Forgotten Jewels – Review

A fascinating documentary titled ‘Forgotten Jewels” is about to be released that brilliantly illuminates a little known period in the diamond industry. During WWII, as Jews were fleeing persecution and genocide at the hands of the Nazis, over 12,000 refugees from Europe were given safe haven by Cuba. Once there, a few of the refugees from Antwerp were able to establish a fledgling diamond cutting industry.
At that time in Cuba, in order to protect their own workforce, foreigners were not allowed to hold jobs. With limited options available to them to survive, a few determined refugees were able to strike a deal with government officials. As long as they employed one Cuban for every non-Cuban, they would be allowed to start businesses. Before long a diamond industry was up and running spawning multiple small businesses from the actual cutting of diamonds to the manufacturing of tools, machines and supplies to support the cutting operations.
Still Diamond Industry
Image Courtesy of the Filmmakers
The cutters in the group from Antwerp began training both their fellow refugees and Cuban nationals in the art of diamond cutting. Among those new diamond cutters was Marion Finkels Kreith, the mother of one of the filmmakers and inspiration for the making of the film. She was just 15 years old when she learned to cut diamonds in Cuba. The hours were long and the pay very little, but considering their limited options and the suffering of those they left behind in Europe, the refugees were grateful for any opportunity.
The film chronicles the events from the time of the arrival of the first refugees in Cuba to the end of WWII and the eventual migration of most of the refugees on to the United States or back to Europe and Israel. Their departure also spelled an end to the brief era of diamond cutting in Cuba.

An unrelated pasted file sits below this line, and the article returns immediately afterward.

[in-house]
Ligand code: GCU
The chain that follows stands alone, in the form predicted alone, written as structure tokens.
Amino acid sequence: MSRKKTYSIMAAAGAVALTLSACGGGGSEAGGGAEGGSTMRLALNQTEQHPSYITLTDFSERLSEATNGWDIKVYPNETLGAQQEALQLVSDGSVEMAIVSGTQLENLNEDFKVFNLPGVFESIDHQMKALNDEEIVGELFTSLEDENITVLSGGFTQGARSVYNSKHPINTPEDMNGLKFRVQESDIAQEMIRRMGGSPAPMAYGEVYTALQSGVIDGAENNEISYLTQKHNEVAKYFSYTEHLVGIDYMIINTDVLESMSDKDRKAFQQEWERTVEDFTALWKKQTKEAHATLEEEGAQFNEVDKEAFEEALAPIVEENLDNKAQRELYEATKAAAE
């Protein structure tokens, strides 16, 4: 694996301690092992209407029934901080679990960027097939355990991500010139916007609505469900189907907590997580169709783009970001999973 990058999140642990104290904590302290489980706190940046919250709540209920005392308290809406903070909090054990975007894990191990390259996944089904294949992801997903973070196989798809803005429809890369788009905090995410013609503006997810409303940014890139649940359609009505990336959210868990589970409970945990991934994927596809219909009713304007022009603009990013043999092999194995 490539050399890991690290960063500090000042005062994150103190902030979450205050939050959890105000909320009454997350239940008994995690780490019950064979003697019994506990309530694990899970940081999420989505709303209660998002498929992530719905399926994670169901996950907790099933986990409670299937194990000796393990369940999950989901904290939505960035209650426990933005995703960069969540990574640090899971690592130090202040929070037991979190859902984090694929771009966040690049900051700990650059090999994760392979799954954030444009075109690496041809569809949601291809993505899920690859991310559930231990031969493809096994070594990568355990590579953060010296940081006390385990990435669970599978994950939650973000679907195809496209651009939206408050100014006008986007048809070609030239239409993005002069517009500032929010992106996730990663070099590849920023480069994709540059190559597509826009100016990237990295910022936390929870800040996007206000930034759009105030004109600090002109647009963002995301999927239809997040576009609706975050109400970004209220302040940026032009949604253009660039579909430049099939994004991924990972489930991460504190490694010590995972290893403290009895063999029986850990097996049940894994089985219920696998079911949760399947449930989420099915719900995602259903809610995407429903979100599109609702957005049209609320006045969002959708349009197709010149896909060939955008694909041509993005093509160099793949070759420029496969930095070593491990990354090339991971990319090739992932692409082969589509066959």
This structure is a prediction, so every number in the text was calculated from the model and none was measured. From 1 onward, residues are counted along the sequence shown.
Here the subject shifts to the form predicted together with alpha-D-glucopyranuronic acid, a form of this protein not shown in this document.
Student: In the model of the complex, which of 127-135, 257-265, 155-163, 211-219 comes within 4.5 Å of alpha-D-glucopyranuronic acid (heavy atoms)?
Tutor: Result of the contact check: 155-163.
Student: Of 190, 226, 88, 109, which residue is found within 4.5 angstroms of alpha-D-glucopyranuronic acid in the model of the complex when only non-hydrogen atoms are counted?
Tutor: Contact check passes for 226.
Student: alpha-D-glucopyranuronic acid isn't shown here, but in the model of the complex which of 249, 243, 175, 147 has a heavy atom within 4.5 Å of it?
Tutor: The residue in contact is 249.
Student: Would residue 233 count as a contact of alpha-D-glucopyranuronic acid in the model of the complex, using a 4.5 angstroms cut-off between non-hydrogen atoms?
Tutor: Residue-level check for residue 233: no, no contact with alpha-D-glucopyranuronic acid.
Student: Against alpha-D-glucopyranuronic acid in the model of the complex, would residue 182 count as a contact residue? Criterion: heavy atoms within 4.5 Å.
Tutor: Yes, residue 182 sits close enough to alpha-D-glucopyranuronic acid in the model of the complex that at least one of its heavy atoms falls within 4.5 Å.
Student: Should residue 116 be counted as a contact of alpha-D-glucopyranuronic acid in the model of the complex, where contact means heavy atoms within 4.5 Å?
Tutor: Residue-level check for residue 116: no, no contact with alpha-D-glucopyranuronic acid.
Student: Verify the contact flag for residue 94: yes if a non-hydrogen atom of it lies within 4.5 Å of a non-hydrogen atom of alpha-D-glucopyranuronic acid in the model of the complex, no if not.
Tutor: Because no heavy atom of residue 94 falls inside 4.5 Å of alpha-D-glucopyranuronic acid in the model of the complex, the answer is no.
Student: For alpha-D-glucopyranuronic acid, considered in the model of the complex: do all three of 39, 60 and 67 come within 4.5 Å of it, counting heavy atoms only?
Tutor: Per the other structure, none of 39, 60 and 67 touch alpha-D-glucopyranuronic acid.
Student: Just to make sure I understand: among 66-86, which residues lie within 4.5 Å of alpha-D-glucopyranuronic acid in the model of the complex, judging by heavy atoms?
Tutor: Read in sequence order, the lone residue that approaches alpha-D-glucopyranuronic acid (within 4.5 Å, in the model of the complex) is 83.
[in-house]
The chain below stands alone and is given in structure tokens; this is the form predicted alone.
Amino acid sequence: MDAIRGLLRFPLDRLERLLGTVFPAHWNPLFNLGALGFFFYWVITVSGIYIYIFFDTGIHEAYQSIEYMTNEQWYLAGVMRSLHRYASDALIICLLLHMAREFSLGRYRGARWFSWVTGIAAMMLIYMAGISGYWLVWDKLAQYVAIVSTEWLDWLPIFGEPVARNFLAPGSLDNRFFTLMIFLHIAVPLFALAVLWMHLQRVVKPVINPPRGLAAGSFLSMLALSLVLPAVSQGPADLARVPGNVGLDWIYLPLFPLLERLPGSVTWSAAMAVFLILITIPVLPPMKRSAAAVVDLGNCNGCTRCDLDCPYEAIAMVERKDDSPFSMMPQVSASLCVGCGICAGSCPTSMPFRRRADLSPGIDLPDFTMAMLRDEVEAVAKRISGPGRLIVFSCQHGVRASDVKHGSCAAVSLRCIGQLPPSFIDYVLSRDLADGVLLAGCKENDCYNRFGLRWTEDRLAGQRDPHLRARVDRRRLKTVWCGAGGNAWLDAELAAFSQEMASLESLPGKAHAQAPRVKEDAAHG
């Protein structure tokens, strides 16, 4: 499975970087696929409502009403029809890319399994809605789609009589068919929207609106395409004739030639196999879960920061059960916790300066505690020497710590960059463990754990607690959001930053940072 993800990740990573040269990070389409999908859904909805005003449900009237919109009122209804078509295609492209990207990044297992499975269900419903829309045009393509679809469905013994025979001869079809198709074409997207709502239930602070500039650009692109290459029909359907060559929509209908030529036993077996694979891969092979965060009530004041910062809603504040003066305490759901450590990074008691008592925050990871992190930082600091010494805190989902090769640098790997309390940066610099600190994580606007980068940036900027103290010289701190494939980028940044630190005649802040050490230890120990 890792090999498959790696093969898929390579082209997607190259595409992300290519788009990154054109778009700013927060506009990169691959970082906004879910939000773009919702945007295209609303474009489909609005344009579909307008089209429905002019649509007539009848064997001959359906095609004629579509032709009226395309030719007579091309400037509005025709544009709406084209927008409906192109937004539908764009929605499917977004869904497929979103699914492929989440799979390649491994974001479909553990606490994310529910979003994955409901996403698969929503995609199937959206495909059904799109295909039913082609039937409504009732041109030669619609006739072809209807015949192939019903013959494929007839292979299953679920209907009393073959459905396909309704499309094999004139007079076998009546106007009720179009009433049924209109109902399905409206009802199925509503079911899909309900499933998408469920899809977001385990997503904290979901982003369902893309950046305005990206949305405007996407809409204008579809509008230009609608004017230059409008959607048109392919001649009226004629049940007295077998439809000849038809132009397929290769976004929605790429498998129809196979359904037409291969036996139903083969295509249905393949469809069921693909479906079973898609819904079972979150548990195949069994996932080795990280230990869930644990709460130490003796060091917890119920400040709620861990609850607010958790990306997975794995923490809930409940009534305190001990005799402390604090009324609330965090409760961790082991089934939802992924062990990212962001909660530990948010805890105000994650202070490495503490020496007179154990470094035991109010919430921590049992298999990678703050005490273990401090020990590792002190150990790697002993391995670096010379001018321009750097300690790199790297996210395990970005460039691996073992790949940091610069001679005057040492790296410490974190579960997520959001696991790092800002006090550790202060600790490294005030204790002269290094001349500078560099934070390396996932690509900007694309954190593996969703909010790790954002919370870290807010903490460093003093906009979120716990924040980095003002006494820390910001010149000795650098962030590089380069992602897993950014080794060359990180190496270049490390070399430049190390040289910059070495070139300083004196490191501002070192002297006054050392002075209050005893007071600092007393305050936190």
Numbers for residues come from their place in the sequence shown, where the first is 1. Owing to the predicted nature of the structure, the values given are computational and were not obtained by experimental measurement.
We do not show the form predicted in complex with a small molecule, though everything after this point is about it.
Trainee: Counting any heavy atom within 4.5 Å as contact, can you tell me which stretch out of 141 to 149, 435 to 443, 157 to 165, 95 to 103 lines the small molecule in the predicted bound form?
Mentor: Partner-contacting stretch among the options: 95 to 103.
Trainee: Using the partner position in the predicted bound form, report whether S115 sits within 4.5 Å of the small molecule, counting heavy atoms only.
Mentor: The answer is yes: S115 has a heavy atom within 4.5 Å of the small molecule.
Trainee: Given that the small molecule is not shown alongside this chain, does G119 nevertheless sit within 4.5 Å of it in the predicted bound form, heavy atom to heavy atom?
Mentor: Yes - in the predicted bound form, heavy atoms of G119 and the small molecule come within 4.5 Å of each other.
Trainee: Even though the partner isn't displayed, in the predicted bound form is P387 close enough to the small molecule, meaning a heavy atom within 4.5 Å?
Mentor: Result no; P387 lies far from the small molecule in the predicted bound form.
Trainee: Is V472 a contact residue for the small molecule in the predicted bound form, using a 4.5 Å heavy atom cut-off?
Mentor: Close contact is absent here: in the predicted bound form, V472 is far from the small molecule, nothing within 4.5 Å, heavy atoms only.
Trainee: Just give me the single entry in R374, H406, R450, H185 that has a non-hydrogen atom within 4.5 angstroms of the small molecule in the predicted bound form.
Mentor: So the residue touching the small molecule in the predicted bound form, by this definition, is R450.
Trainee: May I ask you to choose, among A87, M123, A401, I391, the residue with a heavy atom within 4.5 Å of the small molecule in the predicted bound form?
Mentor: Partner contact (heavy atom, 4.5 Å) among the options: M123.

Cars in Havana
Image Courtesy of the Filmmakers
Forgotten Jewels is wonderfully told in the voices of some of those who lived the experience and against a backdrop of news chronicling unfolding world events, together with a view into Cuban culture of the time. Some of the refugees who were inclined to do so were able to successfully integrate into Cuban society and gained a deep appreciation for the culture - especially the music and dance. Significantly, the Cuban people accepted the refugees without prejudice.
The film’s combination of upbeat Cuban rhythms and stunning visuals of a tropical paradise create an almost subliminal contrast that enhances the telling of the story. The trauma and hardships experienced by the refugees were counterbalanced by the positive energies and accepting attitudes of the Cuban people.
Filming on the Beach
Image Courtesy of the Filmmakers
There are a number of important themes that emerge from this excellent documentary that are highly relevant today. It is, of course, a story about the Holocaust. These events and the people who lived through them - and those who did not - must never be forgotten. Although these refugees were unable to acquire visas to enter the United States, Cuba accepted them, much to their credit and to their benefit. The humanitarian effort on the part of a new Cuban government served the local economy well as the diamond cutting industry created jobs and promoted cultural exchange. In the current climate of nativism which appears to be spreading around the globe, it is important to understand the benefits of properly caring for innocent people who are displaced by war and oppression.
Robin and Judy
Image Courtesy of the Filmmakers
Another theme at the center of the film is how, with meager resources, a few industrious and tenacious individuals could band together in a very short period of time and create a whole industry that would give people back their pride and dignity and purpose, and the ability to earn a living in very difficult circumstances. The film is a historical archive as well as a tribute to the power of the human spirit.
This is an important film for all viewers, but those fortunate enough to work in the diamond industry today will find it particularly inspiring. It is always good to count our blessings and to appreciate the contributions of those who have gone before us. And it is a reminder that we must learn the lessons of history so that a repeat of the dark periods might be avoided.
Forgotten Jewels Poster
Please visit the Forgotten Jewels website.

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